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March 25, 2011, issue of 'AOPA ePilot: Flight Training Edition' newsletterMarch 25, 2011, issue of 'AOPA ePilot: Flight Training Edition' newsletter

AOPA ePilot Flight Training Edition Volume 11, Issue 12 — MARCH 25, 2011  

In This Issue:
Flight school opens scholarship competition
How much do you know about datalink radar?
Diamond protests Air Force Academy contract




Control effectiveness

The March 18 Training Tip discussed problems that a student pilot may encounter from not being confident enough to manipulate the controls as needed to complete a maneuver. The opposite problem—overcontrolling, typically as over-rotating on takeoff—also is cured through correlating knowledge gained during slow-speed flight drills with operating in the low-speed realm of everyday flying.

Over-controlling also may be a sign of stress masquerading as a lack of understanding of flight fundamentals. Lick both problems by developing a good feel for your trainer’s range of control effectiveness.

Start by associating the physical sensations of flight with timing of your control inputs. As you begin a takeoff run, sense the increased responsiveness of the flight controls to acceleration. It’s said that the controls seem to “come alive” through the yoke and pedals as air flows ever faster over ailerons and elevator, and around the rudder. It will take less yoke or pedal pressure to produce any given aircraft response as airspeed increases.

By the time you reach normal rotation airspeed, expect aircraft response to be firm and unhesitating. Pitching to the desired attitude should take modest, gentle physical effort, not a mighty tug on the yoke.

Be patient. If the aircraft does not leave the ground immediately, it doesn’t mean that you must haul back more. In a few seconds the accelerating aircraft should ease away from the ground. Then you can focus on establishing and trimming for best rate of climb speed (V Y).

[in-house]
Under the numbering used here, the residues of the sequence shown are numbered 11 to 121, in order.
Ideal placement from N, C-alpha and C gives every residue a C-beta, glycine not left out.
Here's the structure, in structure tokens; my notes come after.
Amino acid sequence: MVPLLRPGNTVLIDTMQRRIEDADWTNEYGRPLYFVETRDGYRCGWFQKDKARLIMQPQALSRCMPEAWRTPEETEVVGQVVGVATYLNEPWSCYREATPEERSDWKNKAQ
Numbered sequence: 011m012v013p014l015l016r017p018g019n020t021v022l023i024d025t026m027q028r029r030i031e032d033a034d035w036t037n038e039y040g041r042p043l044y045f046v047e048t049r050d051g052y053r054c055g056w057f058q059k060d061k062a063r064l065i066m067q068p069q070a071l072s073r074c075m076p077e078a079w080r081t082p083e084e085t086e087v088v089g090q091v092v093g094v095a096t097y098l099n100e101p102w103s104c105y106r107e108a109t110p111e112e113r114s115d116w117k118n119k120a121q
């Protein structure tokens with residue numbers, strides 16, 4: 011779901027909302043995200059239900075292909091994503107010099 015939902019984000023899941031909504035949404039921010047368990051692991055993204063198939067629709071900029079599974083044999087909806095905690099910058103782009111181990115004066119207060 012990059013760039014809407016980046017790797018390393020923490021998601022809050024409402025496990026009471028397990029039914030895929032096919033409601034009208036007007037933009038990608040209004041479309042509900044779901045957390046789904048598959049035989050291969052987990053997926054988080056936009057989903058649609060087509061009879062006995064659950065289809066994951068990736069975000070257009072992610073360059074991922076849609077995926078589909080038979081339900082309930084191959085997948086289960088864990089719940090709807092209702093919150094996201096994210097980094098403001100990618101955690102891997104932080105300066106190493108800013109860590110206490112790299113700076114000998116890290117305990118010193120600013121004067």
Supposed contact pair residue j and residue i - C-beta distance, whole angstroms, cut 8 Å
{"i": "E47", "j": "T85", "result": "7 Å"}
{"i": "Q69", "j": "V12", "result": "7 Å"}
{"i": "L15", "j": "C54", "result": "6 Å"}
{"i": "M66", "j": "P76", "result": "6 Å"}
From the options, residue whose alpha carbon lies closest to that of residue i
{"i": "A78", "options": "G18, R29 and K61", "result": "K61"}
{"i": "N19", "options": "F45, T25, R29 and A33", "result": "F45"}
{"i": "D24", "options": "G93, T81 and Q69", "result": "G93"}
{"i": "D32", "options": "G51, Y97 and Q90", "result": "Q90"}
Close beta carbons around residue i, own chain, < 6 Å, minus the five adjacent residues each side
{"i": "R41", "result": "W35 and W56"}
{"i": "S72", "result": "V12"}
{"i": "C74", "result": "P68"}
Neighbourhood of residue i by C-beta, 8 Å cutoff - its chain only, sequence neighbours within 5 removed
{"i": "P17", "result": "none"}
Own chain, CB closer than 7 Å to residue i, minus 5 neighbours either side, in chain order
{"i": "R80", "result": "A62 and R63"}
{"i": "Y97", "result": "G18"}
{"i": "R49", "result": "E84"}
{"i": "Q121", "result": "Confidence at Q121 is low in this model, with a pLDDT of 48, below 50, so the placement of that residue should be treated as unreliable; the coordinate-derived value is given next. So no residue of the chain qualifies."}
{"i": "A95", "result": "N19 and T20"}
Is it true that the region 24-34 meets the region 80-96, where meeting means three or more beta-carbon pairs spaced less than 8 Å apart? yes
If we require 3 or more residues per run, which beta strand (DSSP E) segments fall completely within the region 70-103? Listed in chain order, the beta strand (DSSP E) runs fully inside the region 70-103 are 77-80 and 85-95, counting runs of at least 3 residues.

A mechanical item to check on any well-used trainer that may be preventing your best efforts from being fully rewarded is control cables that have become slack.

“One of the most irritating control-system characteristics is slack, a condition where initial control movement does nothing but cause a wiggle in the wheel,” wrote AOPA Pilot columnist Barry Schiff in his June 2003 Proficient Pilot column. “You can determine the amount of play in the cables when on the ground by having someone hold a control surface firmly in place while gently attempting to move the control wheel or stick against the applied force. If slack is present, it might be eliminated by having the turnbuckles in the control path tightened during the next annual inspection.”

Learn the feel, and then get a smooth, predictable aircraft response every time.


First solo? Congratulations! Have you stopped smiling yet? Now it’s time to focus on the next phase of training: flight planning and cross-countries. For a comprehensive look at what you can expect, see the Flight Training website and enhance your learning with quizzes, topic briefs, and answers to frequently asked questions.